Ans: It is not only recorded videos that are tremendously popular on the Web. Live media streaming is very popular too. Once it became possible to stream audio and video over the Internet, commercial radio and TV stations got the idea of broadcasting their content over the Internet as well as over the air. view more..
Ans: Once upon a time, voice calls were carried over the public switched telephone network, and network traffic was primarily voice traffic, with a little bit of data traffic here and there. Then came the Internet, and the Web. view more..
Ans: he Internet used to be all about communication, like the telephone network. Early on, academics would communicate with remote machines, logging in over the network to perform tasks. People have used email to communicate with each other for a long time, and now use video and voice over IP as well. view more..
Ans: The Web designs that we have seen so far have a single server machine talking to multiple client machines. To build large Web sites that perform well, we can speed up processing on either the server side or the client side. On the server side, more powerful Web servers can be built with a server farm, in which a cluster of computers acts as a single server. view more..
Ans: Server farms and Web proxies help to build large sites and to improve Web performance, but they are not sufficient for truly popular Web sites that must serve content on a global scale. For these sites, a different approach is needed. view more..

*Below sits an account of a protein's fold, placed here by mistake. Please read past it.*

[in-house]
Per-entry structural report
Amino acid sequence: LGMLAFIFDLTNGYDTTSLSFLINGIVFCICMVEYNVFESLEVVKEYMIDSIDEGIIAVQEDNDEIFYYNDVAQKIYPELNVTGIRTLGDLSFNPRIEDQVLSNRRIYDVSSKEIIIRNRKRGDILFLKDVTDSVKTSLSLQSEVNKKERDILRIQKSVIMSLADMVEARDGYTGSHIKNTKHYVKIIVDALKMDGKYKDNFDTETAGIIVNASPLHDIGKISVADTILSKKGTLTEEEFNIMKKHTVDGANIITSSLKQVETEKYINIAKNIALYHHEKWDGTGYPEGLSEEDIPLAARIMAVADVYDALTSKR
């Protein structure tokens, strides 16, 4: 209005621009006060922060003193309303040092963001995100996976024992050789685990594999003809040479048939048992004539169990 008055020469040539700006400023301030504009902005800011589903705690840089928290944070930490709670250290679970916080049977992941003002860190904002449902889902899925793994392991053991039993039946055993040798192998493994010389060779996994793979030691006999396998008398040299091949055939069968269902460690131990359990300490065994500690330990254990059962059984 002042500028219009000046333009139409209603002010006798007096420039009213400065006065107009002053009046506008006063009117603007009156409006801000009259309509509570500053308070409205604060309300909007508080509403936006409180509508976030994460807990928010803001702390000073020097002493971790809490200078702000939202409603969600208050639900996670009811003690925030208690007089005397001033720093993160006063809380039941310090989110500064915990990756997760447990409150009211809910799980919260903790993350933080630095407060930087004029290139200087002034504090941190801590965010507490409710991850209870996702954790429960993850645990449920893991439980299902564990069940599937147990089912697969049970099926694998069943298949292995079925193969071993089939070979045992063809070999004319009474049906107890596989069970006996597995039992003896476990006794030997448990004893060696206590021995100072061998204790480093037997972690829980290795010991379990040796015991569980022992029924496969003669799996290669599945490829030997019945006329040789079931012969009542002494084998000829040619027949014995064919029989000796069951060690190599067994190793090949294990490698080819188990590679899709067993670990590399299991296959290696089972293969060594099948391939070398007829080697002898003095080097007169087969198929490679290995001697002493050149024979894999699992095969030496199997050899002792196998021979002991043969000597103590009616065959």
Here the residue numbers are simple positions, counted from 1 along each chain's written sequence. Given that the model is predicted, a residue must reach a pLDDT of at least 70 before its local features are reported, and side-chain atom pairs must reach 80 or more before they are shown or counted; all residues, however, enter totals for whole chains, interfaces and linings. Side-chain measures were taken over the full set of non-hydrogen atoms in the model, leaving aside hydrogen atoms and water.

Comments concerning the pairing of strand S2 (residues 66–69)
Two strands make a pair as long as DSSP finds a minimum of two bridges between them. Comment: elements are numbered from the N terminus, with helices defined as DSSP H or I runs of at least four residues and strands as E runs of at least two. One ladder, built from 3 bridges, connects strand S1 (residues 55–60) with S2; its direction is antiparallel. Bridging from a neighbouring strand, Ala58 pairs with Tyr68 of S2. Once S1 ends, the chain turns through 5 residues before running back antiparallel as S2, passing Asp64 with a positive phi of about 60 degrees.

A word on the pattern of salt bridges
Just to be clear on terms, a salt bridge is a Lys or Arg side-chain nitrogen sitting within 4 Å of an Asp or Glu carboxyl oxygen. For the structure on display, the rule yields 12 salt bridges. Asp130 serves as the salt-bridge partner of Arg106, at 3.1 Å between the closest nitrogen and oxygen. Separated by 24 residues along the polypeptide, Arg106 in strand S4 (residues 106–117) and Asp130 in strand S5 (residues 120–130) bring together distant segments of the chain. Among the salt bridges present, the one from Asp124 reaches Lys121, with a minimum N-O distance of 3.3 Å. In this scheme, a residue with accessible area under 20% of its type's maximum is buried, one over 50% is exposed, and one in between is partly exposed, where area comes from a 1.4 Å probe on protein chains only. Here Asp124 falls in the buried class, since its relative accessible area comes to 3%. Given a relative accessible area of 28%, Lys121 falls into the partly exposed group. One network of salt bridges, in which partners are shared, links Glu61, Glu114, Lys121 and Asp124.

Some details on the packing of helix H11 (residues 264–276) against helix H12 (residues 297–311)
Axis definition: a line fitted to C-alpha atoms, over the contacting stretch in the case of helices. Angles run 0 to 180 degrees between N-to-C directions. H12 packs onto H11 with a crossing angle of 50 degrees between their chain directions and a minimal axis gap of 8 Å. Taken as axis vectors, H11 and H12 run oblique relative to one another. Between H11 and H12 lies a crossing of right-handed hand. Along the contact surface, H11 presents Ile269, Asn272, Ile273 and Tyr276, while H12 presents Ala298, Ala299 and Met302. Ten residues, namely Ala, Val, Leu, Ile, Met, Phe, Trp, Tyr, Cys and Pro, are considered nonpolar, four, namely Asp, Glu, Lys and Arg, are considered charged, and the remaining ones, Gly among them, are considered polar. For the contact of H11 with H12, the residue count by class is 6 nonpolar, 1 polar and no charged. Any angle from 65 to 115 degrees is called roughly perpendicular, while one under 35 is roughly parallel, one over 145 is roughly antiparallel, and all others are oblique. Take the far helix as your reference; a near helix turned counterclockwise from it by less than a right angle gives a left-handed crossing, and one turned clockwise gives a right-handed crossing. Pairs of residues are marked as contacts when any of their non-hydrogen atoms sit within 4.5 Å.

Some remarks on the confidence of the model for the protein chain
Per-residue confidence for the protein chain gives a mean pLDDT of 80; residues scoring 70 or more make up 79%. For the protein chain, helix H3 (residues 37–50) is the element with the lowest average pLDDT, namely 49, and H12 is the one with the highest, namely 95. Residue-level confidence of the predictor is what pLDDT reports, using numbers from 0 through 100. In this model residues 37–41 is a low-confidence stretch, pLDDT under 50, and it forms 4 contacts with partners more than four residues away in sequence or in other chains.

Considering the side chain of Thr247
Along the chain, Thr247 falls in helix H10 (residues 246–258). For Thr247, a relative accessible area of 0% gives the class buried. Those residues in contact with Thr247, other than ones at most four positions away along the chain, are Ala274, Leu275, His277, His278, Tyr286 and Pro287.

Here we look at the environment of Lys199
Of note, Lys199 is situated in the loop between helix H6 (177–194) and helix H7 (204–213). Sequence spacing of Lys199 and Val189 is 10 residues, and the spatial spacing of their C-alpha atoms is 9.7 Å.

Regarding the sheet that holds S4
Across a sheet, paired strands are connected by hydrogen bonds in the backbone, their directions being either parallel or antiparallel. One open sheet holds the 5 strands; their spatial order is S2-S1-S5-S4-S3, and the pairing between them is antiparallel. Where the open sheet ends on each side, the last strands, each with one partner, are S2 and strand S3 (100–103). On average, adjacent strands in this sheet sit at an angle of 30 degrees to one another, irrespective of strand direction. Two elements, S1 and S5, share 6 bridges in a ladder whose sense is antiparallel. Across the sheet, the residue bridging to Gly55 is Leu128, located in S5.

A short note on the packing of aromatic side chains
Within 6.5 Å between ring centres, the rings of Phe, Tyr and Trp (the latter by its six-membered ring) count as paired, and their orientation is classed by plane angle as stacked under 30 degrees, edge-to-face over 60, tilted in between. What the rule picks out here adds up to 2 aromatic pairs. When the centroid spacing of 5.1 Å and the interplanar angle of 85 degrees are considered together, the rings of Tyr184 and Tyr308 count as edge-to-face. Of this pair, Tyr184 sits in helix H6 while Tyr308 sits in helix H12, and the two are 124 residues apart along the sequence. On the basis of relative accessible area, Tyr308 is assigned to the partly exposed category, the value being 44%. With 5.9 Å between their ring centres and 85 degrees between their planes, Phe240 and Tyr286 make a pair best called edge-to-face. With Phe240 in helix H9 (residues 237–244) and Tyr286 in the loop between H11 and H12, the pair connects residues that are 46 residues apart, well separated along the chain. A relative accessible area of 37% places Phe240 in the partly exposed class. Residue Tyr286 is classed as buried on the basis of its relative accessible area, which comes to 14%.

Ans: Not everyone can set up a 1000-node CDN at locations around the world to distribute their content. (Actually, it is not hard to rent 1000 virtual machines around the globe because of the well-developed and competitive hosting industry. view more..
Ans: For the first few decades of their existence, computer networks were primarily used by university researchers for sending email and by corporate employees for sharing printers. Under these conditions, security did not get a lot of attention. view more..
Ans: In a substitution cipher, each letter or group of letters is replaced by another letter or group of letters to disguise it. One of the oldest known ciphers is the Caesar cipher, attributed to Julius Caesar. view more..
Ans: Modern cryptography uses the same basic ideas as traditional cryptography (transposition and substitution), but its emphasis is different. Traditionally, cryptographers have used simple algorithms. view more..